# What do the units of enthalpy kJ/mol represent?

Enthalpy is making me slightly confused.

Here $$\Delta H$$ refers to the change in enthalpy. Does this refer to the enthalpy change of reaction? Are they the same? It seems that change in enthalpy, standard enthalpy change, and standard enthalpy change of reaction are all interchangeable. However, standard enthalpy changes of combustion, neutralisation, formation, etc.. have different definitions. Is this correct?

Now the diagram above shows the reaction between $$\ce{Cl2 + H2 -> 2HCl}$$. With my understanding, $$\Delta H$$ refers to the change in enthalpy when one mole of $$\ce{Cl2}$$ reacts with one mole of $$\ce{H2}$$ to form two moles of $$\ce{HCl}$$.

$$\ce{Cl2 + H2 -> 2HCl}\quad\Delta H=x \ \mathrm{kJ/mol}$$

$$x$$ has some numerical value. I think $$\Delta H$$ is measured in $$\mathrm{kJ/mol}$$ as the exact quantities of each element are unknown. However, If we were to have exactly one mole of $$\ce{Cl2}$$ and one mole of $$\ce{H2}$$ then the change in enthalpy would be $$x\ \mathrm{kJ}$$. Without the $$\mathrm{/mol}$$. So enthalpy can be measured in either $$\mathrm{kJ}$$ or $$\mathrm{kJ/mol}$$ right?

Finally what if we have the reaction: $$\ce{CH4 + 2O2 -> CO2 + 2H2O}$$ where $$\Delta H=-890\ \mathrm{kJ/mol}$$. What does the per mole now refer to? Because now the reaction is between one mole of $$\ce{CH4}$$ and two moles of $$\ce{O2}$$ it doesn't make sense to me to talk about enthalpy change per mole anymore. Could someone explain intuitively what the per mole now represents?

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• $\ce{Cl2 + H2 -> 2HCl}$ and $\Delta H=\pu{-890 kJ/mol}$ makes $\ce{Cl2 + H2 -> 2HCl}$ and $\Delta H=\pu{-890 kJ/mol}$ Commented Apr 22, 2023 at 4:18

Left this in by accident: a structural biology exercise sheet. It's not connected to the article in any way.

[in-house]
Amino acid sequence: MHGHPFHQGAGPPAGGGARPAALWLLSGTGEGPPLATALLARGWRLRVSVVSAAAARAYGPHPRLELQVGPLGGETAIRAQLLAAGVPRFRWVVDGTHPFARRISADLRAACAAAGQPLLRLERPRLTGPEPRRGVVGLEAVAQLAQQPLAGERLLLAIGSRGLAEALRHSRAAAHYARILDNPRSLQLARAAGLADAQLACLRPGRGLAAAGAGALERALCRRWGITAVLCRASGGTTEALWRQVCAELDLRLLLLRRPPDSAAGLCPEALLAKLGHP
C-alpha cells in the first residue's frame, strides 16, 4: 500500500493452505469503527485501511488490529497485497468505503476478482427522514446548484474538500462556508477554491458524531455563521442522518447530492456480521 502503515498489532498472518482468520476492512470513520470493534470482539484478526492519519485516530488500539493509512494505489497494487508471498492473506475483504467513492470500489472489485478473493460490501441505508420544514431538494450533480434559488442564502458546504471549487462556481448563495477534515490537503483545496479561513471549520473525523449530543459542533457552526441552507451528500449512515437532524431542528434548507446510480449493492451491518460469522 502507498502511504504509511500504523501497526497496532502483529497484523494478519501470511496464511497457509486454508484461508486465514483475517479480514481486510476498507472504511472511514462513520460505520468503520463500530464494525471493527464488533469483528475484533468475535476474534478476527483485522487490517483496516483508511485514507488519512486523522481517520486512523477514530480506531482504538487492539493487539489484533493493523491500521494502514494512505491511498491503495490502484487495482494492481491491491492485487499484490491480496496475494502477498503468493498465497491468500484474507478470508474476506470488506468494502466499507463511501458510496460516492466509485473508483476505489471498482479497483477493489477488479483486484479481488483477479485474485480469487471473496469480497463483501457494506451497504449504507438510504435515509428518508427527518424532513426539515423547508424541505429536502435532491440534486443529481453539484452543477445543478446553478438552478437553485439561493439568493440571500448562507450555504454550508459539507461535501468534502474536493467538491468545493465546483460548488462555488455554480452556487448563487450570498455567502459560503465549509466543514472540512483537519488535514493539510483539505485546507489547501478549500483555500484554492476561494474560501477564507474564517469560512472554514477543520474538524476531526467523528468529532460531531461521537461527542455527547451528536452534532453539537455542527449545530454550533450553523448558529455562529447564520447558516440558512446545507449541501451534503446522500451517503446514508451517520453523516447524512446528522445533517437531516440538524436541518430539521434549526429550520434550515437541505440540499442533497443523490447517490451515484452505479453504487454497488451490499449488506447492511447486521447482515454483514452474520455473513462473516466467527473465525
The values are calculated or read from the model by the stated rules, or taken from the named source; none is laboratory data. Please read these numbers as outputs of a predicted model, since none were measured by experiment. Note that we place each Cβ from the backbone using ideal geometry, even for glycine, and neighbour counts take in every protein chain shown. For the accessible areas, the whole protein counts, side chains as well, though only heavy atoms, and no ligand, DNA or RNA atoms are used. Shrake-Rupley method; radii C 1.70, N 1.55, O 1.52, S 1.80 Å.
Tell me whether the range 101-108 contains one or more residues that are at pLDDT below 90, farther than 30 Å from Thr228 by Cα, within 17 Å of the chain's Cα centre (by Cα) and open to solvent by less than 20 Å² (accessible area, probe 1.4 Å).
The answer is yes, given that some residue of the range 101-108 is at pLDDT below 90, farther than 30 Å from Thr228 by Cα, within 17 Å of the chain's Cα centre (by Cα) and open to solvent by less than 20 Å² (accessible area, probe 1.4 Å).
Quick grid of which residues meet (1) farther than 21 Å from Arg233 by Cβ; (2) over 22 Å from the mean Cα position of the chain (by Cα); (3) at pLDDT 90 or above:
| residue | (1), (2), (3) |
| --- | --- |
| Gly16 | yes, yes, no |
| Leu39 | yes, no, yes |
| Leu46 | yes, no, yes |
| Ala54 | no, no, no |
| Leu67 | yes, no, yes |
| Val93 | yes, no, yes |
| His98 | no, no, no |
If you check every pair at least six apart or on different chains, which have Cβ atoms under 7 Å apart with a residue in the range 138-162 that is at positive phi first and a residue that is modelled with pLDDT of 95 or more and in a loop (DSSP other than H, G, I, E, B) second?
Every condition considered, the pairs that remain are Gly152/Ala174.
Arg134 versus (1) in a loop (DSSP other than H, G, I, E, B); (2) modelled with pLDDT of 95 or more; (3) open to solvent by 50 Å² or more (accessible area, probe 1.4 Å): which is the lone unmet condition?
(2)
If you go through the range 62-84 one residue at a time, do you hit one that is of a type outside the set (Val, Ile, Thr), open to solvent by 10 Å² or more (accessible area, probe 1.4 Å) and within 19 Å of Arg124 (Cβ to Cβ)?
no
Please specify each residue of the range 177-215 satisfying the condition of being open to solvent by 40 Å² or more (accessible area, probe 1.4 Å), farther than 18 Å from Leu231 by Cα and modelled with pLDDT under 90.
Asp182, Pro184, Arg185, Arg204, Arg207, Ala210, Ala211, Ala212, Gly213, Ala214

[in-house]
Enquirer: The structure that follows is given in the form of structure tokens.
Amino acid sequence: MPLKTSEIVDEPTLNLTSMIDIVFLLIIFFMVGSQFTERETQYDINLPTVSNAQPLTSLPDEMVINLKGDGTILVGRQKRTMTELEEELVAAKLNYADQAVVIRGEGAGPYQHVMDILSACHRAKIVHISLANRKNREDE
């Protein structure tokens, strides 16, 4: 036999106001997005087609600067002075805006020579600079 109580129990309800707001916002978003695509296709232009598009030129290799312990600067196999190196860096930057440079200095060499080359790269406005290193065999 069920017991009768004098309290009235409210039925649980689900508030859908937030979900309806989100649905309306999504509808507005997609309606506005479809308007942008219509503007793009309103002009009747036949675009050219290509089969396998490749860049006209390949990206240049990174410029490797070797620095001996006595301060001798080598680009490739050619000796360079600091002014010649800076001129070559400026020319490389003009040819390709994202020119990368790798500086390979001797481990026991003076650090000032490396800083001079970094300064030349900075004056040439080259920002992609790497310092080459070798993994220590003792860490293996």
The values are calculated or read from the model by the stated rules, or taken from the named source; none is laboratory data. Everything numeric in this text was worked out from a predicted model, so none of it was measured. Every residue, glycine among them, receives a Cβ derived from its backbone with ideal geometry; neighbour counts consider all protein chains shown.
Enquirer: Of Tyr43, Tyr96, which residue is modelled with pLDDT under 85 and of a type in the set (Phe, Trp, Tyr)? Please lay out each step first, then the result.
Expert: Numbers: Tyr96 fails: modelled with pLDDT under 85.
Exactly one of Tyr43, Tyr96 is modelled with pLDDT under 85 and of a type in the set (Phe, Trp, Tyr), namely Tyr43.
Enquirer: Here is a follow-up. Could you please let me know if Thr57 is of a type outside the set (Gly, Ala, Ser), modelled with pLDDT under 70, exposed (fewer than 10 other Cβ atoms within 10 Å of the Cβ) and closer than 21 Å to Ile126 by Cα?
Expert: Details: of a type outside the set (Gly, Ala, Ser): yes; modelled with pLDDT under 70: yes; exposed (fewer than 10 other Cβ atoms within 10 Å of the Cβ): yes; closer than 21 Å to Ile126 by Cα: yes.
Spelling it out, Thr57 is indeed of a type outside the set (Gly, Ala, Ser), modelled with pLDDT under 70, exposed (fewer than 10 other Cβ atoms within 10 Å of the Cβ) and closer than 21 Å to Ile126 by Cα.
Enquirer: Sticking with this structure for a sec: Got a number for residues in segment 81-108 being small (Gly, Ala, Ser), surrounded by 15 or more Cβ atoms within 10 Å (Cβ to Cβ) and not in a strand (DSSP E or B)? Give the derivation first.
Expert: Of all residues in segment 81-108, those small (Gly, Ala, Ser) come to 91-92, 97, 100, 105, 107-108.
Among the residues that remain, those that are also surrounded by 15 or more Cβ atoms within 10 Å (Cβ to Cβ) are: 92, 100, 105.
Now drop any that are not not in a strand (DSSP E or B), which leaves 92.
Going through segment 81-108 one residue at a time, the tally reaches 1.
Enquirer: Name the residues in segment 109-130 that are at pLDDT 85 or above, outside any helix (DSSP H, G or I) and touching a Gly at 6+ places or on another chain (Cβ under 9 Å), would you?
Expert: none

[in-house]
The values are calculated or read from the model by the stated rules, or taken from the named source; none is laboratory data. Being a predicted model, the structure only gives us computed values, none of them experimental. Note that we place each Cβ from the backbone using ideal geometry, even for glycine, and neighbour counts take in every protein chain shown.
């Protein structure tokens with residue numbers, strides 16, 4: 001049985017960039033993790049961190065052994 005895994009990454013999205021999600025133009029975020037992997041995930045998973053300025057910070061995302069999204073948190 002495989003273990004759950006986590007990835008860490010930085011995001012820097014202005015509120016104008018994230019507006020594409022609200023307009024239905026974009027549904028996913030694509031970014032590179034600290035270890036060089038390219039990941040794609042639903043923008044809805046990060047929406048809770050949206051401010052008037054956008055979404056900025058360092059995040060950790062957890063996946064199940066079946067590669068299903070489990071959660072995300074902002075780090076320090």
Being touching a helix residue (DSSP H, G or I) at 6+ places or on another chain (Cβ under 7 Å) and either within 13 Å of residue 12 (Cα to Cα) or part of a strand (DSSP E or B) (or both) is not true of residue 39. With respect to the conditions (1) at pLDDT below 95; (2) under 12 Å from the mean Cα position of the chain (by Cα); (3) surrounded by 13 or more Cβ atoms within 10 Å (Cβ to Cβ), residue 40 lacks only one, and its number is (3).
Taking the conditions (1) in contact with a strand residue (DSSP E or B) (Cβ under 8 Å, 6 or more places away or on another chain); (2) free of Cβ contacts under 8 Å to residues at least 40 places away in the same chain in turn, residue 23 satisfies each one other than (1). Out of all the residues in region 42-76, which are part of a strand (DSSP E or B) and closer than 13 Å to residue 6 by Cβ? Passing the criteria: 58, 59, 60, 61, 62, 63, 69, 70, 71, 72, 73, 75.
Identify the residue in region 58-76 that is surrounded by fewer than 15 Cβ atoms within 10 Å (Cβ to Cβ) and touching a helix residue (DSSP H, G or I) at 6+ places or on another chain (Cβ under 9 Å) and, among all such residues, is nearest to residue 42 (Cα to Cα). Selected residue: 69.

Imagine the reaction:

$$\ce{CH4 +2O2 -> CO2 + 2H2O}$$

Now one can interpret that one molecule of $$\ce{CH4}$$ reacts with 2 molecules of $$\ce{O2}$$ to produce one molecule of $$\ce{CO2}$$ and two molecules of $$\ce{H2O}$$. It will be equally valid if another person says that,

$$\ce{1 mol CH4 +2 mol O2 -> 1 mol CO2 + 2 mol H2O}$$,

say we can measure the heat released during the reaction, and it can be expressed as a number with a unit Joule. Say this reaction releases 890,000 Joules. Since the heat is released, let us insert a negative sign, i.e., - 890 Joules. Now we can write

$$\ce{1 mol CH4 +2 mol O2 -> 1 mol CO2 + 2 mol H2O}$$ with -890 kJ.

Can I divide the whole statement by mol? What do we get, now?

$$\ce{1 CH4 +2 O2 -> 1 CO2 + 2 H2O}$$ with -890 kJ/mol.

So, the per mol in the enthalpy is per mol of the entire reaction. It confirms that the original equation's coefficients were understood to be mol rather than the number of molecules.

Someone explained this in a way that made more sense to me. Consider that each reaction is talking about molecules rather than moles. So now you have 1 molecule of CH$$_4$$, 2 molecules of O$$_2$$, and so forth. If you run that reaction 1 mole of times, you get $$\Delta$$H. If you run it 2 moles of times, you get 2$$\Delta$$H.

That's the only way it makes sense to me because you don't run the experiment 6X10$$^{23}$$ times to get $$\Delta$$H. You only run it once. But you don't run it with 2 molecules of O$$_2$$. You run it with 2 moles of O$$_2$$. So that's as though you're running it 6X10$$^{23}$$ times in a giant batch with 2 molecules of O$$_2$$ per reaction.